Hundreds of traditional media outlets like The New York Times, Newsweek, and The Wall Street Journal now offer RSS feeds for their content. Users can create feeds connected to specific search terms at sites like Yahoo! News, so that any new information about a topic is automatically collected in the aggregator. Teachers and students can use this new way of collecting information to broaden the scope of their reading and research. A student doing a project on global warming, for example, can create RSS feeds that will bring him or her the latest research on the topic almost as soon as it is published.
But collecting information is only half of the process. Certain new tools also enable users to archive and share relevant information. With social bookmarking sites like Furl.net and del.icio.us, users can not only save a site address, as traditional bookmarking does, but also save a copy of the Web site itself in a searchable folder. What makes this tool social is the ability to subscribe, without special permission, to RSS feeds of what another user is saving. Social bookmarking enables teachers to leverage the collaborative efforts of like-minded professionals to mine information on the Internet.
Another way to share information on the Web is podcasting, which can best be described as creating amateur home radio programs and widely distributing them on the Web. Thousands of podcasters are creating and broadcasting content that people can listen to whenever their schedule allows, not just at the hour it is broadcast. Students across the United States are podcasting audio tours of local museums and points of interest, weekly news programs about their classrooms, oral histories and interviews, and more. New and easier ways to publish multimedia screen captures and digital video on the Web create even more opportunities for sending multimedia creations to a potentially large audience. Although a student's audience may be limited to teachers and peers at the outset, that audience can quickly grow as the student shares links and ideas with other bloggers and podcasters. The awareness of even a small audience can significantly change the way a student approaches writing and other school assignments. It's the difference between handing a piece in to a teacher and publishing it.

Techno-Byte - The Educator's Guide to the Read/Write Web

Teachers in a 2005 survey who say

  • Computer technology is an effective tool for teaching in my own content area—75.5 percent.

  • Computers are effective in improving academic achievement overall—68.4 percent.

  • Computers are effective in raising scores on standardized tests—58 percent.

eSchool News, 2005

What the New Tools Demand of Us

These new digital tools enable everyday Internet users to digitally disseminate their ideas and experiences, a reality that has implications for teaching. Teachers must consider whether our curriculums should change now that students have the ability to reach audiences far beyond our classroom walls and to acquire their own primary sources. How should we rethink the concept of literacy now that students can instantly become not only readers and writers, but also editors and collaborators? How do we best put to use the reams of writing that this new writable Web provides?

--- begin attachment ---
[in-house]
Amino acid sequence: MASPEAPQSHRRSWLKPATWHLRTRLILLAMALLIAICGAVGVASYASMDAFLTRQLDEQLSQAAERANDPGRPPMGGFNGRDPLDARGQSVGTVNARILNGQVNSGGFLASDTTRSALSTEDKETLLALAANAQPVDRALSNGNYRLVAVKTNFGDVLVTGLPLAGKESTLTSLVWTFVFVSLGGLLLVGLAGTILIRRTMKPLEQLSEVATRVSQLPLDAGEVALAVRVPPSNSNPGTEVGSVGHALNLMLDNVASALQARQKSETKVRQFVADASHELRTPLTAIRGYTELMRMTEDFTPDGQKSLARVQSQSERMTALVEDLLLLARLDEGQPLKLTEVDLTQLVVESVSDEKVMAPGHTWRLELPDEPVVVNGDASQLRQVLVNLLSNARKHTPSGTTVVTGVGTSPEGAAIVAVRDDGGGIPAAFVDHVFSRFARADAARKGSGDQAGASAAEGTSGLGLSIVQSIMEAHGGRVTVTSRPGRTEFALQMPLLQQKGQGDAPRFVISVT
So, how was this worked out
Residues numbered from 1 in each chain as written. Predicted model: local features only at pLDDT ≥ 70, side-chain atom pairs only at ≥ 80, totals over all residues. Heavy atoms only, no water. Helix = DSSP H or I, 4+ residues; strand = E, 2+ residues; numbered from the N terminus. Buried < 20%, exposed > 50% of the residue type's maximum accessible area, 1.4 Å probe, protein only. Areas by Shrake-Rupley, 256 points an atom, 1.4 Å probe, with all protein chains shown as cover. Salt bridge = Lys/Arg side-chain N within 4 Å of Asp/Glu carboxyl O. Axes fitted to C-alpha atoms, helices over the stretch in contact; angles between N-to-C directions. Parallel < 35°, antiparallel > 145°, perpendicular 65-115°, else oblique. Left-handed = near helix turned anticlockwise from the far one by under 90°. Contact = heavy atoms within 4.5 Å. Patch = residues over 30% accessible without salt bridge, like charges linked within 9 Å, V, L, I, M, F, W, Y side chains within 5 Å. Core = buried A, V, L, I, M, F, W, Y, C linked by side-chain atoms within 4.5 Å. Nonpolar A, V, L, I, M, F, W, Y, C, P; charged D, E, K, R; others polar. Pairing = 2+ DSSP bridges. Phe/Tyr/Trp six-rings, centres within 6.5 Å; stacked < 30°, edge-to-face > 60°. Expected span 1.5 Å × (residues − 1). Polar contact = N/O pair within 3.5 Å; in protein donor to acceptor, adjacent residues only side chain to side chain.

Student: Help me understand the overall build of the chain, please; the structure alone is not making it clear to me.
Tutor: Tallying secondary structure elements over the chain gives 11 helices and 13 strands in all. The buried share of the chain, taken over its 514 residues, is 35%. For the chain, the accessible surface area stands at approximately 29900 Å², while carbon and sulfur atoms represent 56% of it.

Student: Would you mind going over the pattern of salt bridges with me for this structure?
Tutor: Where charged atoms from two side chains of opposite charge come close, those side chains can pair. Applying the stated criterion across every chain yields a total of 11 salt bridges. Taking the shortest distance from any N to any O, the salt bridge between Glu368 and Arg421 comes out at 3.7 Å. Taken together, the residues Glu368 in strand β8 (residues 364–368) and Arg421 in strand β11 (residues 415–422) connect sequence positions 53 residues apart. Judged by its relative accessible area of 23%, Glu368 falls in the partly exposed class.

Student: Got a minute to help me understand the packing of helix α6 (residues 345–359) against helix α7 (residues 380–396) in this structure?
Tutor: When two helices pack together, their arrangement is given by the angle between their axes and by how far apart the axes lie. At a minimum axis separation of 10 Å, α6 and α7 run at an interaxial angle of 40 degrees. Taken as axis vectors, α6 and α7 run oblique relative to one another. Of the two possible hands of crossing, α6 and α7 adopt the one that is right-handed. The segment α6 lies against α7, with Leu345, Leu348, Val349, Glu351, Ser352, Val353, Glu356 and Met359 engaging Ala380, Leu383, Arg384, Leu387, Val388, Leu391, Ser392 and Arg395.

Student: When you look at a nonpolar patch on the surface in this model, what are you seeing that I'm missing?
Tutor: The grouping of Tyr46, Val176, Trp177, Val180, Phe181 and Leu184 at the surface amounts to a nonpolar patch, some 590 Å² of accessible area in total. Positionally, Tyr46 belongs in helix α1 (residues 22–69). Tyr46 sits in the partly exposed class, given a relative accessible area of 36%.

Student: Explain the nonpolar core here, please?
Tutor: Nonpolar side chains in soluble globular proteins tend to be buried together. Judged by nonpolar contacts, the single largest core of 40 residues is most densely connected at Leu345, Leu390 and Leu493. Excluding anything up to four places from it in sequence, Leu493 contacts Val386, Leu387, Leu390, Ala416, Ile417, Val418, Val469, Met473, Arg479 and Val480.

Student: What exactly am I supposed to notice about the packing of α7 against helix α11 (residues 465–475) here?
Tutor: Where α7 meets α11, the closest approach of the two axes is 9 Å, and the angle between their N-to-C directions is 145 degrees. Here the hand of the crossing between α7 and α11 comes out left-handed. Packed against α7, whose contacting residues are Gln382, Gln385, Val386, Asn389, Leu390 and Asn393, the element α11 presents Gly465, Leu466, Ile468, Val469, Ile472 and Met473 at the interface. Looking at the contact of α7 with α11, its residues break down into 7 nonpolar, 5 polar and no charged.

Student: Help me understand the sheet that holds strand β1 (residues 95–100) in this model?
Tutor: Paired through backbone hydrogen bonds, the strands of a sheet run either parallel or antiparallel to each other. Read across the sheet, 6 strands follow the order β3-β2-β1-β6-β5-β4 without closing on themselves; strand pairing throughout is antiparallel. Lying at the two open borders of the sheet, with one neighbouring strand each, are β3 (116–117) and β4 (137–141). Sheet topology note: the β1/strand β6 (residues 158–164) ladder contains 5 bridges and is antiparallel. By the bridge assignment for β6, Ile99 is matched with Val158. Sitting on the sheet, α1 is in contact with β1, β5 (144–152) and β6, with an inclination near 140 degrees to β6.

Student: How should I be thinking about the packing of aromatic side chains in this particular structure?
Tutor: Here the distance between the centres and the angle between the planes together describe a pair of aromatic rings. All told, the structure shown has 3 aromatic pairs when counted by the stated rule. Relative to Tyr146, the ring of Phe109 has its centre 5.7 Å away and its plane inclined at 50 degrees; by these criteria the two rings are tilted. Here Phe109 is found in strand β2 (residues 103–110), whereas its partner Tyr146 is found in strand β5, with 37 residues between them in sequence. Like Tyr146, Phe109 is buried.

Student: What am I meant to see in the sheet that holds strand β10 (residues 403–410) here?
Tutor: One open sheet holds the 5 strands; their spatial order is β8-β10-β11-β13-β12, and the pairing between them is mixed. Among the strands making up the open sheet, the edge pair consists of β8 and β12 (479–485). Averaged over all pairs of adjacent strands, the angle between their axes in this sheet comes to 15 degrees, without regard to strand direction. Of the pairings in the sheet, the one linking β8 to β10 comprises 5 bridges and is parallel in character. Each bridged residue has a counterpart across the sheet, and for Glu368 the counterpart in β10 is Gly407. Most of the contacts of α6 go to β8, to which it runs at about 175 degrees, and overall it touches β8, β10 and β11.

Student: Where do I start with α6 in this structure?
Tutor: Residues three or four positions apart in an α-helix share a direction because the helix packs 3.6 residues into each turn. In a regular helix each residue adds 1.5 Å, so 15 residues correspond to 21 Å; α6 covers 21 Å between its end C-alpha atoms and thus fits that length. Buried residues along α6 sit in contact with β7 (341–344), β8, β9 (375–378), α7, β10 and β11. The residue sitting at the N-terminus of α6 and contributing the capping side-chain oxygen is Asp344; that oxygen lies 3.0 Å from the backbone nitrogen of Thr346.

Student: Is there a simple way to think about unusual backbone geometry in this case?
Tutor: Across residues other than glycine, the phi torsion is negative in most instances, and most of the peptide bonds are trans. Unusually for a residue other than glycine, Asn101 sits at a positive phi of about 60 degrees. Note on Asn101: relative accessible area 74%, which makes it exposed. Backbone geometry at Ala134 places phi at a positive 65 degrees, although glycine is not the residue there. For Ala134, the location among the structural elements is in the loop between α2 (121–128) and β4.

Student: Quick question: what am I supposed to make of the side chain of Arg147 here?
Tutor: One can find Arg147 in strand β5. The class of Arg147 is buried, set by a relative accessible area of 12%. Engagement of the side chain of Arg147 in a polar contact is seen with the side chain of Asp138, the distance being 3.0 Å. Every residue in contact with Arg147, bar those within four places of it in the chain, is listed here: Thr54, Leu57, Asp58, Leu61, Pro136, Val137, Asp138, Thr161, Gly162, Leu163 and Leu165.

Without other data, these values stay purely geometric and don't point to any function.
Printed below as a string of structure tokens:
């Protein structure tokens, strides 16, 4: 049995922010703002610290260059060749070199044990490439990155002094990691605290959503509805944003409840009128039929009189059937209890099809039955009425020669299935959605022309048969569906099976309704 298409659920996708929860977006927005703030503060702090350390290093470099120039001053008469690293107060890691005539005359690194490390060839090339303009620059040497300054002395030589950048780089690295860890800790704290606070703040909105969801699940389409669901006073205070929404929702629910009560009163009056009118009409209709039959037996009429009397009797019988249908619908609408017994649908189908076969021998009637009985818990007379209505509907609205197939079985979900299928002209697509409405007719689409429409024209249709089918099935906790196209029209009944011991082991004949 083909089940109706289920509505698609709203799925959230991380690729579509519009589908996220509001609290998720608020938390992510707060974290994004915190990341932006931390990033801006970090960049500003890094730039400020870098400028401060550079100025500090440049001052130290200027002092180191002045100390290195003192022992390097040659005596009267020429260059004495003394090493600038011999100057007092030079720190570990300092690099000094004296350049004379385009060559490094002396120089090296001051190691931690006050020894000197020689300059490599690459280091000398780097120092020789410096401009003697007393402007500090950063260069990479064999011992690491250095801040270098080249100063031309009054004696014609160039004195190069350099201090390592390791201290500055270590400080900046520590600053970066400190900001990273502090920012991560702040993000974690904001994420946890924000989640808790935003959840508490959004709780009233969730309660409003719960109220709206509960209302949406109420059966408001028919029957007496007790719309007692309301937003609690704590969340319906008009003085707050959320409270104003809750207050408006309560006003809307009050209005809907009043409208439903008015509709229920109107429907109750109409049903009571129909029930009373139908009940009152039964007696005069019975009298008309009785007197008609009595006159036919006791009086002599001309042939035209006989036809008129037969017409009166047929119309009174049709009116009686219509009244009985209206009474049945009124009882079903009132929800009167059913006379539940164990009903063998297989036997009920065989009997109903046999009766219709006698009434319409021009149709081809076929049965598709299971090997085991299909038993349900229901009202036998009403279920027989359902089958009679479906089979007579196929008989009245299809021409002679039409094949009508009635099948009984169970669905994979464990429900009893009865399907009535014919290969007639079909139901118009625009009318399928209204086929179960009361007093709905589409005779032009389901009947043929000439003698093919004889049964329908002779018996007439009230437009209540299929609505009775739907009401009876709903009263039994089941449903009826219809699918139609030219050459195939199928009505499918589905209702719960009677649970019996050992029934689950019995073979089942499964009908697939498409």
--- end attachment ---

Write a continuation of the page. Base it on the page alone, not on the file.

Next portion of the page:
Educators around the world are attempting to answer these tough questions. Adjusting to the Read/Write Web is not as simple as moving students from writing essays on paper to writing essays on a blog. Teachers and students must learn to navigate the complexities that accompany a publishing environment that is more transparent, interactive, and collaborative than ever before.
This explosion of online content demands a more complex definition of what it means to be literate. For more than 100 years, we have defined literacy as being able to read and write. Although those core abilities are still central to learning, however, they are no longer enough to ensure understanding and meaningful participation in the exchange of ideas online. Now that anyone with an Internet connection can publish and disseminate content with no editorial review process, consumers of Web content need to be editors as well as readers. They need to know how to identify the source of a piece of information, gauge that source's reputation, compare the information with what's already known, and make a judgment about its authenticity and relevance. We must teach students how to actively question and evaluate published information instead of passively accepting it as legitimate.
In addition, to take part in this rich digital conversation, teachers and students must become competent in Web publishing. It's no longer enough to simply consume information; we must engage with that information and share what we have learned in appropriate ways. Every person with Internet access now has a multimedia printing press at his or her disposal, an outlet with potential to do as much harm as good. Students need to understand the many ways in which they can appropriately share ideas and creations online. Teachers can facilitate this understanding by taking part in online collaborations, editing Wikipedia, and setting up blogs about their teaching practice.